The UCL Institute of Education regularly hosts fascinating ‘What if …‘ debates about topical education issues, expertly chaired by Professor Becky Francis. I have just had the pleasure of taking part in one on access to higher education alongside Anna Vignoles, Paul Jump and Claire Fox. My speech is below, but the whole debate is worth watching too.
- At HEPI, we really value our relationship with the Institute of Education. We don’t always agree. but we learn a huge amount from the work done here.
- It is, after all, the best place in the world for education, as the banners around this building proclaim. That takes me to my first point: we have incredible hierarchy in UK universities, especially – perhaps – in England.
- The IoE, which generally says selection and hierarchy in schooling is bad, itself operates as if selection and hierarchy in higher education is good.
- I am often struck by how fervent campaigners against school selection choose to work in our most selective higher education institutions. We were recently attacked by academics at a very selective university who were angry that we had published a report showing grammar schools are good at getting their pupils to highly-selective universities.
- I am not sure why it should be so controversial to state that selective schools successfully prepare people for selective universities. But the Durham researchers argued, quite correctly of course, that the average performance of all pupils can fall when you have a selective school system. So they have regularly called for an end to all school selection.
- Yet the very same researchers are typical in having a completely different attitude to our own sector. In higher education, they do not want an equal system with an end to hierarchy.
- Instead, they want more contexual offers, so that a few extra poorer students with lower A-Levels can reach so-called ‘top’ universities.
- That would solidify our institutional hierarchy by getting even more of those with the greatest academic potential into our most prestigious universities, rather than delivering the sort of structural change that the same researchers want to see in schools. Forgive me for being confused.
- Which brings me to Tim Blackman’s work for us on comprehensive universities. He turns current arguments on their head and says what is good for schools would be good for higher education too: less hierarchy, less selection, more local provision. If comprehensive schools are good, why not have comprehensive universities too?
- In this model, universities would be similar to one another and students would pop along to their local institution from home, as happens in other countries. Lecture halls would become as diverse as school classrooms.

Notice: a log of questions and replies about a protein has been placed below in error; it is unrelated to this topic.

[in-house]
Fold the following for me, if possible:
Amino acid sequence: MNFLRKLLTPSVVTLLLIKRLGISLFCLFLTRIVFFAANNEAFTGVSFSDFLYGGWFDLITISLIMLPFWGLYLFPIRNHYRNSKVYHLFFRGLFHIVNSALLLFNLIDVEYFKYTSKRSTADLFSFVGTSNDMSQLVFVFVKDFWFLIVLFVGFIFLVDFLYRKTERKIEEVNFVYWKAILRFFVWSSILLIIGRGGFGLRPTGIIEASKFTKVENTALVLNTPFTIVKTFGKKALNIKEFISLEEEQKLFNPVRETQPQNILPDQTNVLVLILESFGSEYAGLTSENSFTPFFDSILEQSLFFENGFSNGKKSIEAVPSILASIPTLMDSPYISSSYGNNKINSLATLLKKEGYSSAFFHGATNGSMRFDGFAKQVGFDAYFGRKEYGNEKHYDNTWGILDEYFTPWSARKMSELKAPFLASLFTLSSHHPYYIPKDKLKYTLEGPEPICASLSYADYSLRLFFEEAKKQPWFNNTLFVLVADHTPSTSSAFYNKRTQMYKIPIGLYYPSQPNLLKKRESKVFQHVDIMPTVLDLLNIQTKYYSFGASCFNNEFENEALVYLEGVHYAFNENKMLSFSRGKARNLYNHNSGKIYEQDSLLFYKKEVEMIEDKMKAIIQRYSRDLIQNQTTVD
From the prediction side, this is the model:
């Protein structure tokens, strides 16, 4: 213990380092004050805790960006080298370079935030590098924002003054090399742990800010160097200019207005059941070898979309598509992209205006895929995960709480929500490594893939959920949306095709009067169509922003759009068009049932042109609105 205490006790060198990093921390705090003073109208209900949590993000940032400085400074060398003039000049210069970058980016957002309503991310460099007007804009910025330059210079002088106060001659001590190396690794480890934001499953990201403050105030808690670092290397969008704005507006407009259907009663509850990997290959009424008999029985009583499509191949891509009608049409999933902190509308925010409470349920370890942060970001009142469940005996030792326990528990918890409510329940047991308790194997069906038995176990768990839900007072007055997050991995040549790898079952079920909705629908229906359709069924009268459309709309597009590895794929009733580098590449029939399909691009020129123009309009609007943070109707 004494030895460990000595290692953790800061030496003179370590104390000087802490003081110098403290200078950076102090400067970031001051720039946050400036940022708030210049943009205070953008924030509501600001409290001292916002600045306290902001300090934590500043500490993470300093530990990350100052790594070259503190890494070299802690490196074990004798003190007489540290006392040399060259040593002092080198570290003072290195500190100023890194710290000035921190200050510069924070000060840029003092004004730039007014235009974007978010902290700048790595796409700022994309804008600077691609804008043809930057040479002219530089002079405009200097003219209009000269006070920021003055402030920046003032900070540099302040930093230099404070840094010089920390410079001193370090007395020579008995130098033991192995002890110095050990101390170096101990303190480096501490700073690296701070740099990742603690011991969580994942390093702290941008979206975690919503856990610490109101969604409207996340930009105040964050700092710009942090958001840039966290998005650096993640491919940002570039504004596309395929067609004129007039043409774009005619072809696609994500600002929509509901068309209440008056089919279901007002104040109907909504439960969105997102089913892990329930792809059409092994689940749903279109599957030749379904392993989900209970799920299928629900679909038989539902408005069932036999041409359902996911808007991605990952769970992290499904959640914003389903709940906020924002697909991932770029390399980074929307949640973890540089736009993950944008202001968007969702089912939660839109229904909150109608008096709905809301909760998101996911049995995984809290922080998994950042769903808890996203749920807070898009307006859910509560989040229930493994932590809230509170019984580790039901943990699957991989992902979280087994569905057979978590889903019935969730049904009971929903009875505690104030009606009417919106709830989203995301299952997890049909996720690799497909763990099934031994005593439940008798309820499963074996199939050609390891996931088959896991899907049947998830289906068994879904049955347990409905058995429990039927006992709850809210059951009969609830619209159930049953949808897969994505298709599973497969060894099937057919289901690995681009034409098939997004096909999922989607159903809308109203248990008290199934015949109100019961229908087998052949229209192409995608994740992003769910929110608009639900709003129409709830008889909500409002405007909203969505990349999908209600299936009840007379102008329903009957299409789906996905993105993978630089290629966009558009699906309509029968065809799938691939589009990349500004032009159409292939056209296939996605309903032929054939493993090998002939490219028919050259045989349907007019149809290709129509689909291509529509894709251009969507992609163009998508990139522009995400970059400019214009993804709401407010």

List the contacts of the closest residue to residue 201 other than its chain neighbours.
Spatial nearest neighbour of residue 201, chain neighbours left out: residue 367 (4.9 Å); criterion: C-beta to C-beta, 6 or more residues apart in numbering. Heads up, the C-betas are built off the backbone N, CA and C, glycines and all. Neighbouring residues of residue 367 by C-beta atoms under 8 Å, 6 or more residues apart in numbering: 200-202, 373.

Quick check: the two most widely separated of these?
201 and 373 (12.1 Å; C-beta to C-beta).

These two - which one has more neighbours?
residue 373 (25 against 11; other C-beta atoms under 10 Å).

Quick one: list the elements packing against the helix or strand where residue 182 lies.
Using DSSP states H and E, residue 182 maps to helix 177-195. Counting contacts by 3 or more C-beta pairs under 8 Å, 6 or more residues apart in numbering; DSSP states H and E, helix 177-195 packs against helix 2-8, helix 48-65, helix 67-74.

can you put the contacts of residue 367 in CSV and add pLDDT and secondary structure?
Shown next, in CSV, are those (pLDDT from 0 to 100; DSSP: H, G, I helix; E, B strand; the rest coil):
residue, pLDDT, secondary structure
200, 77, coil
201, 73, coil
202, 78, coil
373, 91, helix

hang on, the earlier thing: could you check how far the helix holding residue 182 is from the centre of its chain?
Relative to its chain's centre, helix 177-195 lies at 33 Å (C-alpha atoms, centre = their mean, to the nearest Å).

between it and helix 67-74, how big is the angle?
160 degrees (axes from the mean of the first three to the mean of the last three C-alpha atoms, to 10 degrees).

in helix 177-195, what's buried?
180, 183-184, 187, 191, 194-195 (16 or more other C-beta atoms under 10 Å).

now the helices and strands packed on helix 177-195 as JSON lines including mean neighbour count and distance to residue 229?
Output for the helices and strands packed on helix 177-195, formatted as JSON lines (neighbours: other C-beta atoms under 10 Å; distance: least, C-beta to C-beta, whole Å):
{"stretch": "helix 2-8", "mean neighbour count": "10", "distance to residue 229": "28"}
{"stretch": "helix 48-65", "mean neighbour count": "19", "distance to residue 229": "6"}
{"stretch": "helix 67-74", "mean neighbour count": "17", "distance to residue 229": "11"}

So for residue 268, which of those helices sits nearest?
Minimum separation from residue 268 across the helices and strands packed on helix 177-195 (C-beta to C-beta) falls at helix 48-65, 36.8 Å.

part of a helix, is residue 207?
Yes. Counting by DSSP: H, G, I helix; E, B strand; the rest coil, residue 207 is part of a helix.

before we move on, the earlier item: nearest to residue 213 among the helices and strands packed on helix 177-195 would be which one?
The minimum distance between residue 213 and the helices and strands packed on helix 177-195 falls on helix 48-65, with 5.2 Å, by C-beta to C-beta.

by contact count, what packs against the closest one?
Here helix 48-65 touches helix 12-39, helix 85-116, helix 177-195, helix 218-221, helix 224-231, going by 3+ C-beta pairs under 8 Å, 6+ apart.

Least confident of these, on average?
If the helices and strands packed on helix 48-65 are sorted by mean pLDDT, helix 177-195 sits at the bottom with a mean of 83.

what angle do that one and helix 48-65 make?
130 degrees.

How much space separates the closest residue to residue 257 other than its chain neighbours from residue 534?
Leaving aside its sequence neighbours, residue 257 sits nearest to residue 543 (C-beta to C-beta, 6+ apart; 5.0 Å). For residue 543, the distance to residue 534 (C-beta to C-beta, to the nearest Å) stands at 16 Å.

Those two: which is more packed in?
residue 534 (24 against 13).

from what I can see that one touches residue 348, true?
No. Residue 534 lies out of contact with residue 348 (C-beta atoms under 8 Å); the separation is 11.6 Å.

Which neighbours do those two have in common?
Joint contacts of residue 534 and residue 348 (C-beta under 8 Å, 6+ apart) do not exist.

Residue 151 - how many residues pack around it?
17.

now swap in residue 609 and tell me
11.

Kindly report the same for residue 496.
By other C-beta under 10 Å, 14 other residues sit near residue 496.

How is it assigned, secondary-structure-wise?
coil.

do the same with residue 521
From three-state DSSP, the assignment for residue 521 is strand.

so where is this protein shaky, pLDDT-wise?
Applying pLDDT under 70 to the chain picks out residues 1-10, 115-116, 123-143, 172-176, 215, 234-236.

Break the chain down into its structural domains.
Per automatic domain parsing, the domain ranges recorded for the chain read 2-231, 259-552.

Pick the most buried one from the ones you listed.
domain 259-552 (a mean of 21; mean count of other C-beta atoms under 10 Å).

- It is thought-provoking stuff. Reading it makes you realise how out of kilter our university system with the systems in place in other countries.
- I am very pleased to have had a hand in publishing it. But I want to make a different case. This is because there is a problem with comprehensive universities, which Professor Blackman himself identifies: Oxbridge and its influence.
- We lost the argument about having a set of equal institutions 800 years ago when Oxford was founded, for Oxford and Cambridge spent centuries discouraging the establishment of other universities.
- This cemented a particular form of higher education in England, most notable for its residential nature – I call it the boarding-school model.
- This residential model was embedded for newer universities through many things, such as building lots of halls of residence, a national admissions system (orginally UCCA) and the provision of generous maintenance support.
- I fear we may be 800 years too late for implementing a radically different sort of higher education system. Instead, we should extend the traditional residential model of higher education, the boarding-school model, to far more people.
- Now that we have hit Tony Blair’s 50% participation target, we should aim for 70% or 80%. Those who oppose the expansion of higher education use the same weak arguments once used by opponents of raising the school leaving age to 11, then 12, then 14, then 15 and then 16 – and they are as unconvincing now as they were then.
- If we don’t accept the existing residential model as our starting point (and many do not), then we are likely to end up with a half-way house. Rich students will have lots of choice and opt to live away from home while poor students have to stay at home and attend their local institution, which may be a poor fit.
- The residential model is, of course, super expensive – it is why we adopted student loans before other European countries and why we have expanded their coverage so much. But this financial model is the right one because it provides choice.
- Were we to get a Government that abolishes student fees, then it is fairly certain that the quality and quantity of provision would decline.
- So, to conclude, the one most urgent thing we should do to diversify access to universities is: expand, expand, expand.
- The widening participation debate on how many people are in the system as a whole is – ultimately – more important than the fair access debate about exactly which people fill the most prestigious places.
- That is important too, but it is of secondary importance – which is why it can so easily be caricatured as being about exactly who should be allowed to do PPE at Oxford.
- One final comment, given our venue: if, as a higher education sector, we are not prepared to roll back on selection in our own higher education system, then – tactically – we must become more self-aware when we attack selection in schools.
- “Do as I say, not as I do” is the single least persuasive political argument in existence and thus doomed to failure, especially when it is selection in higher education that is driving selection in schools.
The position on the discourse is clear and one that I find unassailable.